A case for an Indian Bumrungrad

Bumrungrad International Hospital in the Thai capital, Bangkok is easily the world’s leading hospital for international patients. It has been a beacon for patients across the world for over two decades now. The hospital treated over 1.1 mn patients in 2018 with over half of them being foreigners from 190 countries. The hospital has a reputation for great medical care along with excellent international patient services customized to the needs of their global patients.

Indian hospitals too receive hundreds of thousands of international patients from different parts of the world every year. Max Healthcare, in New Delhi, where I happen to work received over 70000 patients from over 100 countries last year. Yet, we do not have a hospital in the country that can really be called a super-magnet for International patients. For most Indian hospitals, International patients are just a tiny sliver of the patients that they take care of. Unlike, a Bumrungrad Hospital, Indian hospitals are designed to cater to local patients and the international patients that they receive, while important, are rarely an area of great focus.

International patients travelling to India often have needs, which are very different from local patients. For many, visiting a hospital in a far-off country is a big leap of faith and they often rely on the services of healthcare facilitators (HCFs), which are intermediaries representing hospitals in different countries. The HCFs often interact with these patients before they board the flight for their medical destination. The HCFs connect them with local doctors and the hospitals, help them get a medical opinion for their afflictions, advise them and help them make appropriate choices regarding their treatment. They also help arrange tickets, often pick-up patients from the airports and make their arrangements for their stay. While the HCFs need to professionalize and become more organized, the hospitals too need to build a full suite of concierge services for international patients. Since most Indian hospitals consider International patients as just an ”add-on”, the international patient services do not get as much attention as they should.

It is time, we looked at setting up hospitals, which consider mainstreaming international patient services. This would essentially mean that the hospital should fundamentally be designed to cater to the requirements of International patients. The infrastructure would typically include plush International patient lounges, exclusive international patient registration and admission desks staffed with executives with appropriate language skills and a full services concierge desk to assist the patients for any need. that they may have. The hospital will also need signage in multiple languages, medically trained interpreters available 24×7 to assist clinicians when they wish to communicate with their patients and a maybe global choice of cuisine.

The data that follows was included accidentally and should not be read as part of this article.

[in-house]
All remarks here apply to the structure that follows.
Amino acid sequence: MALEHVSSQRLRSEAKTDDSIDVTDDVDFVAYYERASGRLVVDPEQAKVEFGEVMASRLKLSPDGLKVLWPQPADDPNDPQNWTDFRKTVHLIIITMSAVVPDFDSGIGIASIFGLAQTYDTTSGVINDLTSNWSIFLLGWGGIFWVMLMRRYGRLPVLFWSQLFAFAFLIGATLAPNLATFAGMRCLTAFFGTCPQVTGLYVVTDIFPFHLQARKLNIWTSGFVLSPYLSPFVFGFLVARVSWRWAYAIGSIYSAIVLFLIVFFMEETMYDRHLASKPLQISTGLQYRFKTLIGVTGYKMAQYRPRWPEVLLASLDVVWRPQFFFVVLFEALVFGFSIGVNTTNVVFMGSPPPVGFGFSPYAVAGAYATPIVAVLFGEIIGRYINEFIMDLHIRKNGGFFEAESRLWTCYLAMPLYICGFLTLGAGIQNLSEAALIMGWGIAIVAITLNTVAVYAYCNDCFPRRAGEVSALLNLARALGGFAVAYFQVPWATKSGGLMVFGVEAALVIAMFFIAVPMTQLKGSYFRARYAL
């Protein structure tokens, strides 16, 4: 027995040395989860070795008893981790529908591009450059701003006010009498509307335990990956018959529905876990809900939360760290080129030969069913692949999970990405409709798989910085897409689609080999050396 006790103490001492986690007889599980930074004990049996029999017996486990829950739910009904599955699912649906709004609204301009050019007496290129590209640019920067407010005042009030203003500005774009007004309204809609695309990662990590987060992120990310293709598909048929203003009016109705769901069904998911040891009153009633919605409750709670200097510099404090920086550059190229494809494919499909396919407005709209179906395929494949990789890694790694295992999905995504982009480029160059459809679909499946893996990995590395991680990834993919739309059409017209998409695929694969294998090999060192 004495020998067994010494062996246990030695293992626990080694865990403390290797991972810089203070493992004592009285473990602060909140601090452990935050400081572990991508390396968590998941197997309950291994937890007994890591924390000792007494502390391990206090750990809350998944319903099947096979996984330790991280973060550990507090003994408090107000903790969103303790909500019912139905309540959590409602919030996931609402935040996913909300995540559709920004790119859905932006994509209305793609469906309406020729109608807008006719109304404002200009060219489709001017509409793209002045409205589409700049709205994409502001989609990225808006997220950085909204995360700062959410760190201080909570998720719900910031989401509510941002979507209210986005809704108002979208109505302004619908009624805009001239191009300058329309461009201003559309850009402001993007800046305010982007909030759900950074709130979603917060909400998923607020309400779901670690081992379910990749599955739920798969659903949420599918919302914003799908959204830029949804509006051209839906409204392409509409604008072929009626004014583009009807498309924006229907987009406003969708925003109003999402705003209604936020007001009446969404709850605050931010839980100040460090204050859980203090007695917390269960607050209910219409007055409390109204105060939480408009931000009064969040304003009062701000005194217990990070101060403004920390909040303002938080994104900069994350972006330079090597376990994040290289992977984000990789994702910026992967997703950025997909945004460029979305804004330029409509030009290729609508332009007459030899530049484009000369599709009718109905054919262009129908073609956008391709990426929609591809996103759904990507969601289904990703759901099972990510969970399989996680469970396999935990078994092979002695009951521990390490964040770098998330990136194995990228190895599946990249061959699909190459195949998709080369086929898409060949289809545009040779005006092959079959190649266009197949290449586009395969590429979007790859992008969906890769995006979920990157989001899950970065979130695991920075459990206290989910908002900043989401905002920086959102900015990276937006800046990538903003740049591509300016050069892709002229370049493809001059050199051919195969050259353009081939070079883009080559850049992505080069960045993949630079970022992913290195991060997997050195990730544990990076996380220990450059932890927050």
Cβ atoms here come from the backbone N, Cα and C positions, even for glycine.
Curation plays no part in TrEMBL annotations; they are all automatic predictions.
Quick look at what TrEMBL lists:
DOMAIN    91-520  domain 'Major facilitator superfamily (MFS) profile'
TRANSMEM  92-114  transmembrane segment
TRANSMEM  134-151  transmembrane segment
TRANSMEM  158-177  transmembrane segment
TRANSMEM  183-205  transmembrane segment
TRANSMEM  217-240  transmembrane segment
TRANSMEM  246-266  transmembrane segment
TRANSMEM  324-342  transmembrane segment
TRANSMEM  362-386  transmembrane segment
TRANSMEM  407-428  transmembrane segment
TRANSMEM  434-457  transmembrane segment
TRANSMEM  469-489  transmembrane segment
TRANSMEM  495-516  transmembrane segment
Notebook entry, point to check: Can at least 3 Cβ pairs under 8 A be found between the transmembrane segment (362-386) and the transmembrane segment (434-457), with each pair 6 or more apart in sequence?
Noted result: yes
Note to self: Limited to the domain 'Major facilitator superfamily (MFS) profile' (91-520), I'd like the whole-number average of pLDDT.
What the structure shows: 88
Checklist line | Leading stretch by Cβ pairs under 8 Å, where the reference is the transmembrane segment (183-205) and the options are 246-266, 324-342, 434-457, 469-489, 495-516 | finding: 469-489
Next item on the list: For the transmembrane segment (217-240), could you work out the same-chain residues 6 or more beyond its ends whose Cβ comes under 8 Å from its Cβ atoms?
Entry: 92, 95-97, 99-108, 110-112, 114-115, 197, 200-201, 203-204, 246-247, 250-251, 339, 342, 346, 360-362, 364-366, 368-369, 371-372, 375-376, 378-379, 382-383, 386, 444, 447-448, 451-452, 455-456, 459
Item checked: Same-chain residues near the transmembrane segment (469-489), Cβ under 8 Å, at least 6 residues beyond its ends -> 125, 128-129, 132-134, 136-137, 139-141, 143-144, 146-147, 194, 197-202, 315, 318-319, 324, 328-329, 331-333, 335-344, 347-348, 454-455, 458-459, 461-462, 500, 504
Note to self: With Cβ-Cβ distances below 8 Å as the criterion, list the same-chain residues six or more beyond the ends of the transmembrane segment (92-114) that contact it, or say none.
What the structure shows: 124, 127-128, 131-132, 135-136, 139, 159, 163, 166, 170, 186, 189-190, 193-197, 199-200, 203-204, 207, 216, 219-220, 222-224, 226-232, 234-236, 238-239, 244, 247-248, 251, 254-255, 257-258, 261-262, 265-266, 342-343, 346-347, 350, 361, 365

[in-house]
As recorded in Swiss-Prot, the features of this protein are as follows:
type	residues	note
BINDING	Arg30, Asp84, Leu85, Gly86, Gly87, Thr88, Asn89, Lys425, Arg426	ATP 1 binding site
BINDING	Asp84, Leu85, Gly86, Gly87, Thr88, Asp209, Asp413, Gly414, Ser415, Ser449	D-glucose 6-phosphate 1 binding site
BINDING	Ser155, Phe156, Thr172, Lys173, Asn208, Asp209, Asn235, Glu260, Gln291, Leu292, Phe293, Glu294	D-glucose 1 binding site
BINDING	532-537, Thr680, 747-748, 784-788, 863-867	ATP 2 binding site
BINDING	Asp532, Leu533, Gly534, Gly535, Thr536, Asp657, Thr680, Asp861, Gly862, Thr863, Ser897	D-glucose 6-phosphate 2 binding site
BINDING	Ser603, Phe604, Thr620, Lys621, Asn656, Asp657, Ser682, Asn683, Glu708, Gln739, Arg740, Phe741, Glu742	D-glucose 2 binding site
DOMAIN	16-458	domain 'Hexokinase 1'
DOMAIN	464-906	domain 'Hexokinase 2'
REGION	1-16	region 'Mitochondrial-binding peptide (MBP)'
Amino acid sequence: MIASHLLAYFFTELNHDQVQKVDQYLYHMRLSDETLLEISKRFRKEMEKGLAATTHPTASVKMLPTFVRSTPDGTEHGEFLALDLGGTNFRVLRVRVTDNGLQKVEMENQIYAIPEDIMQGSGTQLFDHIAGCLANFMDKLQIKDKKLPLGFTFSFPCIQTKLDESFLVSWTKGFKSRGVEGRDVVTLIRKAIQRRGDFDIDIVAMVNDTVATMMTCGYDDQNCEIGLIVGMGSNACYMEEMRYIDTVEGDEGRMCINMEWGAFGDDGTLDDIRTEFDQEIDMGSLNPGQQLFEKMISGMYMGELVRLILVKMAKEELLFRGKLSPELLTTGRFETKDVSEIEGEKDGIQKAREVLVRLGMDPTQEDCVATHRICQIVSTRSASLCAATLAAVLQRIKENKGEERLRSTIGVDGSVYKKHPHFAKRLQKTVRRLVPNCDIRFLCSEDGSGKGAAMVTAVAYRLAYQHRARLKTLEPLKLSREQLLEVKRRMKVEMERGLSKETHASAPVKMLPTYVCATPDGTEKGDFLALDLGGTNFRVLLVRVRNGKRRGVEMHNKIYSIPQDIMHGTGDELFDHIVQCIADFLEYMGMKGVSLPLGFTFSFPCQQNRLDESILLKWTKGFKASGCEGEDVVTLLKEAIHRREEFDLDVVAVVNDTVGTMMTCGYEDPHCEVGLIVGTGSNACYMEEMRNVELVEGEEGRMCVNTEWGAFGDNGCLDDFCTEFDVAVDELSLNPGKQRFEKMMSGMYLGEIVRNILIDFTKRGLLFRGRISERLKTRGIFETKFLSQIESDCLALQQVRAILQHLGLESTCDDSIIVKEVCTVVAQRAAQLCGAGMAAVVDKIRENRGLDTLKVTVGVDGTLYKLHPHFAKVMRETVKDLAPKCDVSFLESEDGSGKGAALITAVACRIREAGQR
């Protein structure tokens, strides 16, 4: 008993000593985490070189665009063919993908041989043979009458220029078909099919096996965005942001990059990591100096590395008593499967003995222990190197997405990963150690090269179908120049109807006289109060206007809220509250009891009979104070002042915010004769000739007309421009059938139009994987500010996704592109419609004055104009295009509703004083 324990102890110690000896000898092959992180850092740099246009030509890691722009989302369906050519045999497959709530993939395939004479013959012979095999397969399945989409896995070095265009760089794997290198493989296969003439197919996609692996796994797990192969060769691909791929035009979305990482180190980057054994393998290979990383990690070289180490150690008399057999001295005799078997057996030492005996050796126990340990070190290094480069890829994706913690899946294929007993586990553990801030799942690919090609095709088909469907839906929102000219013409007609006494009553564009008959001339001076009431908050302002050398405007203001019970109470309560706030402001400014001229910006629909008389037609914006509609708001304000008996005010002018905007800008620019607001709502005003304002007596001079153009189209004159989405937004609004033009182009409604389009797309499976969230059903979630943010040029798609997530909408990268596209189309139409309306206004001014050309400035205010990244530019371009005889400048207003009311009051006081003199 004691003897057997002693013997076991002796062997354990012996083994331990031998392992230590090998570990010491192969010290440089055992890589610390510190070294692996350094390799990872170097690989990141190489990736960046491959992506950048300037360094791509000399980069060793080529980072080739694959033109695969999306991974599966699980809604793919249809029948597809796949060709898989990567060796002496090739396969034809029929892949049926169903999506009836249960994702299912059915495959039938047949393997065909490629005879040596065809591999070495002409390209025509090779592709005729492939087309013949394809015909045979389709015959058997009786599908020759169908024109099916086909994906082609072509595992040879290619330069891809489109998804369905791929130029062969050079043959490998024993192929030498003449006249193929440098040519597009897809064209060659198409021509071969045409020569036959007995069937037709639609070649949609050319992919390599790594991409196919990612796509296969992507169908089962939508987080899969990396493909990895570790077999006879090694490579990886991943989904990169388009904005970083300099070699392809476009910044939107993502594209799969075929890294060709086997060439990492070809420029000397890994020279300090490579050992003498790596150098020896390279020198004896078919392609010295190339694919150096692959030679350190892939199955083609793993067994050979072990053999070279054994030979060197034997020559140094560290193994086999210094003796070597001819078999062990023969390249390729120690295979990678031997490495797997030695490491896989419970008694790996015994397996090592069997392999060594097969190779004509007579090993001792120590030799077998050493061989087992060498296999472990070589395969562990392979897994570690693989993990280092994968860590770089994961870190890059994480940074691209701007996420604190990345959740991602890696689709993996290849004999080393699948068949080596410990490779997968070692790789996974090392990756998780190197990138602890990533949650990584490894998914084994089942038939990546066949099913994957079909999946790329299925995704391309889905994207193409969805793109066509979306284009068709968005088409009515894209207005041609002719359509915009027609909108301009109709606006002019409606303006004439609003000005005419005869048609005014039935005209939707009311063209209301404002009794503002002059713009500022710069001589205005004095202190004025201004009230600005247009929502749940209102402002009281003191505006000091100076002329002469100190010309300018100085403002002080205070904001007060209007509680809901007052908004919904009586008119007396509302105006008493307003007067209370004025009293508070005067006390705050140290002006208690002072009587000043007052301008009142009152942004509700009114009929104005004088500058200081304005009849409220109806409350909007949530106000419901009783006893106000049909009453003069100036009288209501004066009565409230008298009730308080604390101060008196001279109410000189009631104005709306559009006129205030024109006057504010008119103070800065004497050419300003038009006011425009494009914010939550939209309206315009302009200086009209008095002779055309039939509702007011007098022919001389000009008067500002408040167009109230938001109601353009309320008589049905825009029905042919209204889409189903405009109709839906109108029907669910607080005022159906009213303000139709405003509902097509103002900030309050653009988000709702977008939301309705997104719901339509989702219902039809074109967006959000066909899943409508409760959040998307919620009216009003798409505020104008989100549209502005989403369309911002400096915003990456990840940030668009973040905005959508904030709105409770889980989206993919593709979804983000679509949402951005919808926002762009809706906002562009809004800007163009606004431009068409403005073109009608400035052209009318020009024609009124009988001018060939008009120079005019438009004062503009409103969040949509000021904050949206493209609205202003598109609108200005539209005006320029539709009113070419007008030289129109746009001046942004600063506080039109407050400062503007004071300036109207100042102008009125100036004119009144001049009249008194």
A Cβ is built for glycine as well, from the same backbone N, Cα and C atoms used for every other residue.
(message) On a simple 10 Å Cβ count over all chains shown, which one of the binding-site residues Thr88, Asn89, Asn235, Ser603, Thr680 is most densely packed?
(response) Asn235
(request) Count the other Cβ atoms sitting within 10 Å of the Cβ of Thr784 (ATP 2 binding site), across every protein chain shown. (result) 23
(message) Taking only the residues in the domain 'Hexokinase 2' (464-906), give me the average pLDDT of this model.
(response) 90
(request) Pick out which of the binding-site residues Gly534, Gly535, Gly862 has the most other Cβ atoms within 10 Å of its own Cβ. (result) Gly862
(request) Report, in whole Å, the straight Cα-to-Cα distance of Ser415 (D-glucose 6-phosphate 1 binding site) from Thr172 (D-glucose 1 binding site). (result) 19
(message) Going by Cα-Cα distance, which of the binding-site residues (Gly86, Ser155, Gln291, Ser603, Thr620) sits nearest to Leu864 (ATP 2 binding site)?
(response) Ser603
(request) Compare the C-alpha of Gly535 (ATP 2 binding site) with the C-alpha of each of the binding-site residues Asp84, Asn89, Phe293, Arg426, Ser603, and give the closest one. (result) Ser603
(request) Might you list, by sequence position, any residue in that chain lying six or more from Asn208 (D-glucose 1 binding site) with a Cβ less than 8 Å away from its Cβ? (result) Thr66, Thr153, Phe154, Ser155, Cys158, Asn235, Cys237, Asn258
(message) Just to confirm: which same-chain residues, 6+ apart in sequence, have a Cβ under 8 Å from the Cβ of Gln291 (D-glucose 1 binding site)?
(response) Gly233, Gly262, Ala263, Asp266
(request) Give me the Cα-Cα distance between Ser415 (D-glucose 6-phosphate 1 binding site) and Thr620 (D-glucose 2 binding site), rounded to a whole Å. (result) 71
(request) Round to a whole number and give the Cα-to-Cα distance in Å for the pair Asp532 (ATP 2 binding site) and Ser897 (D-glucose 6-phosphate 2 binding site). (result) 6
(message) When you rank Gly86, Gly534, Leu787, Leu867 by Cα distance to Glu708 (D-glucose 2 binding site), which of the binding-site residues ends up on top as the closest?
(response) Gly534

The international patient experience as distinct from the medical services being offered by the hospital has to be truly world-class. The foreign patients should be made to feel comfortable and at home right from the moment they step out of the airport. India will be able to draw a significantly larger chunk of International patients if we are able to elevate the international patient experience to the highest possible level. A business case for such a hospital can easily be made. However, apart from capital and investments, this will also require a change in the mindset of the hospital promoters and their key executives. That is perhaps the bigger challenge.

Serving International patients allows the country to earn precious foreign exchange and is considered as export of services. With relatively low costs and world-class medical outcomes, Indian hospitals have tremendous competitive advantage. They must not squander it away with what might today be called as a half-hearted effort.

It is time we built a Bumrungrad Hospital of our own!!!!

The views expressed are personal

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